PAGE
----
Charles Lummis

Charles Fletcher Lummis was a self-made man of action whose life was shaped by a combination of an acute wanderlust and a deep belief in the power of his own two hands. Lummis' passion for Southwestern culture gave voice and identity to the region at a time when the rest of the nation cared little for it. In 1884, he famously walked from Ohio to Los Angeles to take an editorship at the Los Angeles Times. During his journey he wired in a column for the paper, documenting his adventures and encounters. These writings were later collected in the book A Tramp Across the Continent. Lummis forged lifelong bonds with many Native Americans and Mexicans met along the route. He was infused with a critical new appreciation of the Southwest and its cultures, as well as a spirit of activism that would mark all of his later work.

In spite of his many accomplishments, Lummis never accumulated much in the way of personal wealth during his life. He did, however, have a knack for building insitutions; his eccentric charm and skill for fundraising led city officials and wealthy investors to support projects ranging from the Sequoia League, to the Landmarks Club, to the Southwest Museum.

Charles Lummis

As is sometimes the case with charismatic figures, Lummis' personal life often waned as his public life waxed. He would wrestle with health issues and alcohol abuse, and also suffered from what could be politely termed an excessive appetite for women. (Lummis married three times and carried on several well-documented affairs.) Lummis proudly lived an openly bohemian life, and with shifts in cultural mores and values his legacy would be at times misunderstood and even actively undermined as result. While often portrayed as a man who fell prey to vanity and vice, Lummis was perhaps more threatening because of his politics. He was of the one of the first to understand, write and advocate for a multi-ethnic, multi-cultural Los Angeles, and his life's work provides a blueprint for understanding the region that remains relevant to this day.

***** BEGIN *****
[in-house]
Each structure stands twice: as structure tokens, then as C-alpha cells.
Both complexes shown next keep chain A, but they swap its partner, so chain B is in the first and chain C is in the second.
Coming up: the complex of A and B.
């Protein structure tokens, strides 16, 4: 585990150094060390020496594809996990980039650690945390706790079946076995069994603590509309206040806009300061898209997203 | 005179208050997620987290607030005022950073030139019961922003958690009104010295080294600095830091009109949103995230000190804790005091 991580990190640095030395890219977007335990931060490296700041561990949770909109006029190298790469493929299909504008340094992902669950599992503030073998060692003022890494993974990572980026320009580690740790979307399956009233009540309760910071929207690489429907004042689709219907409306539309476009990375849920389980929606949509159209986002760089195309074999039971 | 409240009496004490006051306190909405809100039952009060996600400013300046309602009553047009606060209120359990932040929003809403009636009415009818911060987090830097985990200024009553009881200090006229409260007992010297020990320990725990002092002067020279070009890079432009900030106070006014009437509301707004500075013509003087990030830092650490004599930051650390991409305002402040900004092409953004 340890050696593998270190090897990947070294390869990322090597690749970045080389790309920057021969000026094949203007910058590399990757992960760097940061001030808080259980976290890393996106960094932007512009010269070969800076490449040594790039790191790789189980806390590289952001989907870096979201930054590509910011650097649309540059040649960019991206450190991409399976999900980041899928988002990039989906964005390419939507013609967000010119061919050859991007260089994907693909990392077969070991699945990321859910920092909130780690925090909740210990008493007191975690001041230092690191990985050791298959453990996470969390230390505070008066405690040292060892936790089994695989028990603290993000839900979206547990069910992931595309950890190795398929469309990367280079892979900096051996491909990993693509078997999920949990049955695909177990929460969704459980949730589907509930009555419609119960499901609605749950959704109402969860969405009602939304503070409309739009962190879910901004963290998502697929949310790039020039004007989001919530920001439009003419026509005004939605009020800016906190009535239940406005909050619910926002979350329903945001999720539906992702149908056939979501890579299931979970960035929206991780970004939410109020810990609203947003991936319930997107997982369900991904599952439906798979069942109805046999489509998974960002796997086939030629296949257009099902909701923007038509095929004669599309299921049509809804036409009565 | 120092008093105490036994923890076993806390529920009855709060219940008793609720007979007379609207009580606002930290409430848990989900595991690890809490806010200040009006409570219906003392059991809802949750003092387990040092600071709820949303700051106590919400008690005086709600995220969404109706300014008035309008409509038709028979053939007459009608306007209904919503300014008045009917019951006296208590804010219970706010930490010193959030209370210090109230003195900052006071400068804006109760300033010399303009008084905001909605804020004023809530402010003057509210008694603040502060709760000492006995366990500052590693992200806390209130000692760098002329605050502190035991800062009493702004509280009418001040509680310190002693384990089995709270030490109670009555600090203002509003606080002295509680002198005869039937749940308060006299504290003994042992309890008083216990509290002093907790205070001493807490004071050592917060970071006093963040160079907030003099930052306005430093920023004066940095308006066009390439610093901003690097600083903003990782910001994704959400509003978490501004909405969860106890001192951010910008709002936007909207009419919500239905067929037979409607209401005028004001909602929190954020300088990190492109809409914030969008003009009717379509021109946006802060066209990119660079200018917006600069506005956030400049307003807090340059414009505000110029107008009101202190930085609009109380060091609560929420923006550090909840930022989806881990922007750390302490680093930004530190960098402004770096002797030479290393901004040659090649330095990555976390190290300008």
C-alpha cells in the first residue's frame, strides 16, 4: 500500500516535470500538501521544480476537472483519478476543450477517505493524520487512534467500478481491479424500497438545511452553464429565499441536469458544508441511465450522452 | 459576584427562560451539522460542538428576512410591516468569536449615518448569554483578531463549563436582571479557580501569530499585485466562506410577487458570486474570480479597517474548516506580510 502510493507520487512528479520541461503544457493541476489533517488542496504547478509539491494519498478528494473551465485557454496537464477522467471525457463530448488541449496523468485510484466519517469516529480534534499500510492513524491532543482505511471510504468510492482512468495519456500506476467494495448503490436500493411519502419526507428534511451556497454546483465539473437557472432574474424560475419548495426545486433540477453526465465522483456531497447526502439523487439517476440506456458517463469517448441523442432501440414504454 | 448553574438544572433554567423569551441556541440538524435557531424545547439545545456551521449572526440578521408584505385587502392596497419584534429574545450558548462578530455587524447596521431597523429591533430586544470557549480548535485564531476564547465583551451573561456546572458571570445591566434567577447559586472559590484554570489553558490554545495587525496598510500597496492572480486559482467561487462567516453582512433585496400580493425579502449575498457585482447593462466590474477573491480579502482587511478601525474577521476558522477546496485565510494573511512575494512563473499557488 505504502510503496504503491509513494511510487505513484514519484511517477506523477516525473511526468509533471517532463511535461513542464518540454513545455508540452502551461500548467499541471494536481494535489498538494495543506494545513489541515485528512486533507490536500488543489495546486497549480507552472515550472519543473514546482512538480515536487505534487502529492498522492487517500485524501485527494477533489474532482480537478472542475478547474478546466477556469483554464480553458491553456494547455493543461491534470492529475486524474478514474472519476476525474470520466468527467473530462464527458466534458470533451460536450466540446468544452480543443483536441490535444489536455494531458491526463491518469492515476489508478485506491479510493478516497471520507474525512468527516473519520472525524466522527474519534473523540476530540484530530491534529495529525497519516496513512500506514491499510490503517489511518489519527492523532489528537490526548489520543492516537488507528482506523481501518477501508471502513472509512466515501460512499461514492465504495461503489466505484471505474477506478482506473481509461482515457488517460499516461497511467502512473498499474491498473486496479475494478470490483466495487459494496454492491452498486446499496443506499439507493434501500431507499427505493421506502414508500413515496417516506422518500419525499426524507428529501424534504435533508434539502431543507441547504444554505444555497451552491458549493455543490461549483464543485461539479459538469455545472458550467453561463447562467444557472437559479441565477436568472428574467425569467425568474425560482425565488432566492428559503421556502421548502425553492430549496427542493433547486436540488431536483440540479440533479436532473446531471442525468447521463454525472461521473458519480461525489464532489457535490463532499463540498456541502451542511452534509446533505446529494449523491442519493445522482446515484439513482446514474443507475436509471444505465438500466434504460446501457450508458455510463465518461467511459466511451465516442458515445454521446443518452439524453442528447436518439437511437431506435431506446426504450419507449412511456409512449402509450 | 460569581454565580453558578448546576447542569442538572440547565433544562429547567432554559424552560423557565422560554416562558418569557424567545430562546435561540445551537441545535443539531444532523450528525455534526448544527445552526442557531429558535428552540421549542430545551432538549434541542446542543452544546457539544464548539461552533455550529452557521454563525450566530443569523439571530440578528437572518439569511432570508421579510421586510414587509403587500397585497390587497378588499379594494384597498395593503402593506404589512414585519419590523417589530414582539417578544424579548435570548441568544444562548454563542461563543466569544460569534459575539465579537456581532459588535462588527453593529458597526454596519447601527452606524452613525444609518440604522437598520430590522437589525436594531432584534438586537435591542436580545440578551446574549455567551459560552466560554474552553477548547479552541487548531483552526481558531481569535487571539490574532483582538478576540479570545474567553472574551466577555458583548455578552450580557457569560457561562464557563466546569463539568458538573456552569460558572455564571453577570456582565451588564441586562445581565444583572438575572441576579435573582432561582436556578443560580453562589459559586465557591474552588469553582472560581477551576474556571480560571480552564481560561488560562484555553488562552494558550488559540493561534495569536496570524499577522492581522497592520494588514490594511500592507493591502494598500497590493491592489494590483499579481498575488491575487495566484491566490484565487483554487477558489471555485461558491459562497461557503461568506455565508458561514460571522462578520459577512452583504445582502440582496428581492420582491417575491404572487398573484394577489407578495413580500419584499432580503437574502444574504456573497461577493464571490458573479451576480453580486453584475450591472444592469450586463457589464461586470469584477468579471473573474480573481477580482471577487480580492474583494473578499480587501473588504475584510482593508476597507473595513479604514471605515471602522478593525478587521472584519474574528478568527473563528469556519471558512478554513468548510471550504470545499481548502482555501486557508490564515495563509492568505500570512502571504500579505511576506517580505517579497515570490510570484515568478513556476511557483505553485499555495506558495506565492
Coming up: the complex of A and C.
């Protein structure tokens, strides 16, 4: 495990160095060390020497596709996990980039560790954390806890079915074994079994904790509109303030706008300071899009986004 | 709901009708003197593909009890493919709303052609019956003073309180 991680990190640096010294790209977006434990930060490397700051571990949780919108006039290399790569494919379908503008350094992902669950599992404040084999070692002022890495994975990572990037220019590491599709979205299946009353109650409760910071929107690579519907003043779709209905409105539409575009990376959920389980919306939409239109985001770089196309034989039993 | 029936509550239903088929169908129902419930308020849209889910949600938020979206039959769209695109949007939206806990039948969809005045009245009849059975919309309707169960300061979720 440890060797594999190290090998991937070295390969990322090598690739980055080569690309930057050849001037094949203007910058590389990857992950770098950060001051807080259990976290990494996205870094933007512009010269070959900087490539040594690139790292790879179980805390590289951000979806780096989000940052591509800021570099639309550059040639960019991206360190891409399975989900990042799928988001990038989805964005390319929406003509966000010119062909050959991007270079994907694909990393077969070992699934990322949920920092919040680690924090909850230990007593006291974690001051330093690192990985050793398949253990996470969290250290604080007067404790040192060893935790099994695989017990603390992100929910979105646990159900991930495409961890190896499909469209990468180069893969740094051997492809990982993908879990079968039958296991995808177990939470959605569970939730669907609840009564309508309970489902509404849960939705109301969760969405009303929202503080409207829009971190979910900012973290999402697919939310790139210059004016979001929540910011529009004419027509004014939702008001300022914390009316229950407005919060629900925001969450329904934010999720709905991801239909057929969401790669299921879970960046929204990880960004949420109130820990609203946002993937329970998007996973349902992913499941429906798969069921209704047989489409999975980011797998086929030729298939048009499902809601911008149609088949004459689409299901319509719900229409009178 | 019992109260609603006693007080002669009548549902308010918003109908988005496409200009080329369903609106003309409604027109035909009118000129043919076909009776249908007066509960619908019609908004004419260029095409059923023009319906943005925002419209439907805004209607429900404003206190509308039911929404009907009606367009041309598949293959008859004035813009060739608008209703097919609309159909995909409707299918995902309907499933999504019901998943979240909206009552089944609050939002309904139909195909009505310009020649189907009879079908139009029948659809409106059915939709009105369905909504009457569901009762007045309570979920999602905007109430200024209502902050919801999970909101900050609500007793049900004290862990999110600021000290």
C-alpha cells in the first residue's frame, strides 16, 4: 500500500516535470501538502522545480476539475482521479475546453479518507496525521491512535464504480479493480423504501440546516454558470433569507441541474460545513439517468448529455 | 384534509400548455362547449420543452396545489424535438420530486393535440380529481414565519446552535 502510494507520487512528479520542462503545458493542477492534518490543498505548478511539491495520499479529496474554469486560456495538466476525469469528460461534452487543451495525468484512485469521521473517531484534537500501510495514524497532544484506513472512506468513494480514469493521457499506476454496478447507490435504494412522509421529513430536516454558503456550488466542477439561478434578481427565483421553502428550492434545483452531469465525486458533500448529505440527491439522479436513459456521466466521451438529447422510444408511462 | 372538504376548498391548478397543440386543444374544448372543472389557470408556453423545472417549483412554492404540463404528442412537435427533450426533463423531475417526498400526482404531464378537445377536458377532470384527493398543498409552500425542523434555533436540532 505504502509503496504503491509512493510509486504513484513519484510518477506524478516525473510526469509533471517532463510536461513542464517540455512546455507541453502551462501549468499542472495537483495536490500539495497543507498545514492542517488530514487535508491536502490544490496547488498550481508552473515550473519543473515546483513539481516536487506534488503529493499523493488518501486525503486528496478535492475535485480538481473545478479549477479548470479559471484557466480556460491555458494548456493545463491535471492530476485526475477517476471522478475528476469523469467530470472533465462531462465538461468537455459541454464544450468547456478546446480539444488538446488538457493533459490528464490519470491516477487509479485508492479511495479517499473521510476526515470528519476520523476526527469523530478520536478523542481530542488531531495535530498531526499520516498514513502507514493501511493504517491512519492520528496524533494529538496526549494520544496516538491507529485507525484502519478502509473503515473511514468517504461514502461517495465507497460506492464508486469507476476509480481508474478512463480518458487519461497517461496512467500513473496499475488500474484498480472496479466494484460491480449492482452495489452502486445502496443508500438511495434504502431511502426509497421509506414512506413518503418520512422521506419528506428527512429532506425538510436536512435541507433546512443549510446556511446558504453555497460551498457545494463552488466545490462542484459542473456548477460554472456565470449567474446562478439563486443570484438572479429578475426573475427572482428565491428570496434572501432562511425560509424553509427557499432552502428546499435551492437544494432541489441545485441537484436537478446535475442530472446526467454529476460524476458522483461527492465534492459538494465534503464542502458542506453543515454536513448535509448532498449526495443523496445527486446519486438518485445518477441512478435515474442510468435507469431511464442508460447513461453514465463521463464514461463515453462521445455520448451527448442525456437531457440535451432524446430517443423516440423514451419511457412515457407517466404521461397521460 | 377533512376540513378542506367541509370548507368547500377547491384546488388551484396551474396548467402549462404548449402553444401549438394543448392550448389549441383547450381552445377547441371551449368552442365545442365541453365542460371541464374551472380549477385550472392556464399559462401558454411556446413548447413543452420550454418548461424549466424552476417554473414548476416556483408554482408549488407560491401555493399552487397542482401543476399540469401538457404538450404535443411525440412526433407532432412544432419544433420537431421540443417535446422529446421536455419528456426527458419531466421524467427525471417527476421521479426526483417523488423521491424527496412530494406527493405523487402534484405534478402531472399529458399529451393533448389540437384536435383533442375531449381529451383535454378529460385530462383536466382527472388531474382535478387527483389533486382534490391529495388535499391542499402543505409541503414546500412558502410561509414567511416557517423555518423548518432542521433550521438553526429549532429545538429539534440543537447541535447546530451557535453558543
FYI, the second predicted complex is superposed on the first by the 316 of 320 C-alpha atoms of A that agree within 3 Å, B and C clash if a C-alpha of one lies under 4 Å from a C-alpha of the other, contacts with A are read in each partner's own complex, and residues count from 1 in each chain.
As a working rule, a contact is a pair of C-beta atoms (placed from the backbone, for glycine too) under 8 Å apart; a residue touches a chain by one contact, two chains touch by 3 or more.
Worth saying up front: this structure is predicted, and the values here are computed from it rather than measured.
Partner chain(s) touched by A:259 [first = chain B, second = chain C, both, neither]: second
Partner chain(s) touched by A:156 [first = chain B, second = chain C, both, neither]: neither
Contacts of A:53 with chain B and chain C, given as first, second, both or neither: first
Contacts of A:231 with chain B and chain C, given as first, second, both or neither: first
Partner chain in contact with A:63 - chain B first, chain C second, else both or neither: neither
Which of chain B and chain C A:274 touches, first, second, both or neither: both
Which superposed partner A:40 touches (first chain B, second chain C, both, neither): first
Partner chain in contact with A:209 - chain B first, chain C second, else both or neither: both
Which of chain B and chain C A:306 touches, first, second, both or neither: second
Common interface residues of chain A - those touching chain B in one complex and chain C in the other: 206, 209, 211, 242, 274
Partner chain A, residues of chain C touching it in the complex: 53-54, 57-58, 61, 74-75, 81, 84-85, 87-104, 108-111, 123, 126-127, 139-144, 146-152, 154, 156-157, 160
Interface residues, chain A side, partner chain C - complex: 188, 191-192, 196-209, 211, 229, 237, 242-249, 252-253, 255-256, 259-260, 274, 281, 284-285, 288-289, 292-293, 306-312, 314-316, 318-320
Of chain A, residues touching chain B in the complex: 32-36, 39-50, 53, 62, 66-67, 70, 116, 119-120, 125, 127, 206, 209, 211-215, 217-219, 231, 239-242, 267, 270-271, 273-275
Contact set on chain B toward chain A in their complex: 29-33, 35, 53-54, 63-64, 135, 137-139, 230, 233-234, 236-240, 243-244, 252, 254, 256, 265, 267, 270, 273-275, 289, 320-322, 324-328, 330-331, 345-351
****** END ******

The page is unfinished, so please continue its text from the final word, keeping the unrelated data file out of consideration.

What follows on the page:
Above, granddaughter, Suzanne Lummis, with Director of the Braun Research Institute, Kim Walters, talk about the life, complexities, and contributions of Charles Fletcher Lummis. Below, a slideshow of historical images.

The Self Made Man
Suzanne Lummis describes how her grandfather Charles re-created himself from a small sickly youth into an iconic figure of the West.
Culture of Land of Sunshine
Suzanne Lummis on how Charles Lummis's direct interactions and appreciation for Native American and Spanish cultures of the Southwest leads him to write and distribute "The Land of Sunshine."
Easterner Influence
Kim Walters on how Charles Lummis and the Chamber of Commerce promoted Los Angeles to Easterners through the magazine "The Land of Sunshine."
The Conservationist
Suzanne Lummis portrays Lummis as one of the first advocates for the preservation of the cultural and material history of Southern California.
Romantic Tendencies
Kim Walters explains how Lummis' progressive perspective saw the Native Americans as a people of the present, contrary to the prevalent romanticized view of the Spanish California past.
Work Before Family
Suzanne Lummis on how Charles Lummis' public charisma and success contrasted with his weaknesses and failures in his family life.
Father and Son
Suzanna Lummis describes Charles Lummis' relationship with his son Keith, initially distant due to the separation with his first wife, changed and evolved through the years.
A Preservationist's History Forgotten
Kim Walters describes the complex and varied legacy of Charles Lummis, which defies categorization within California history.
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El Alisal


Southwest Museum of the American Indian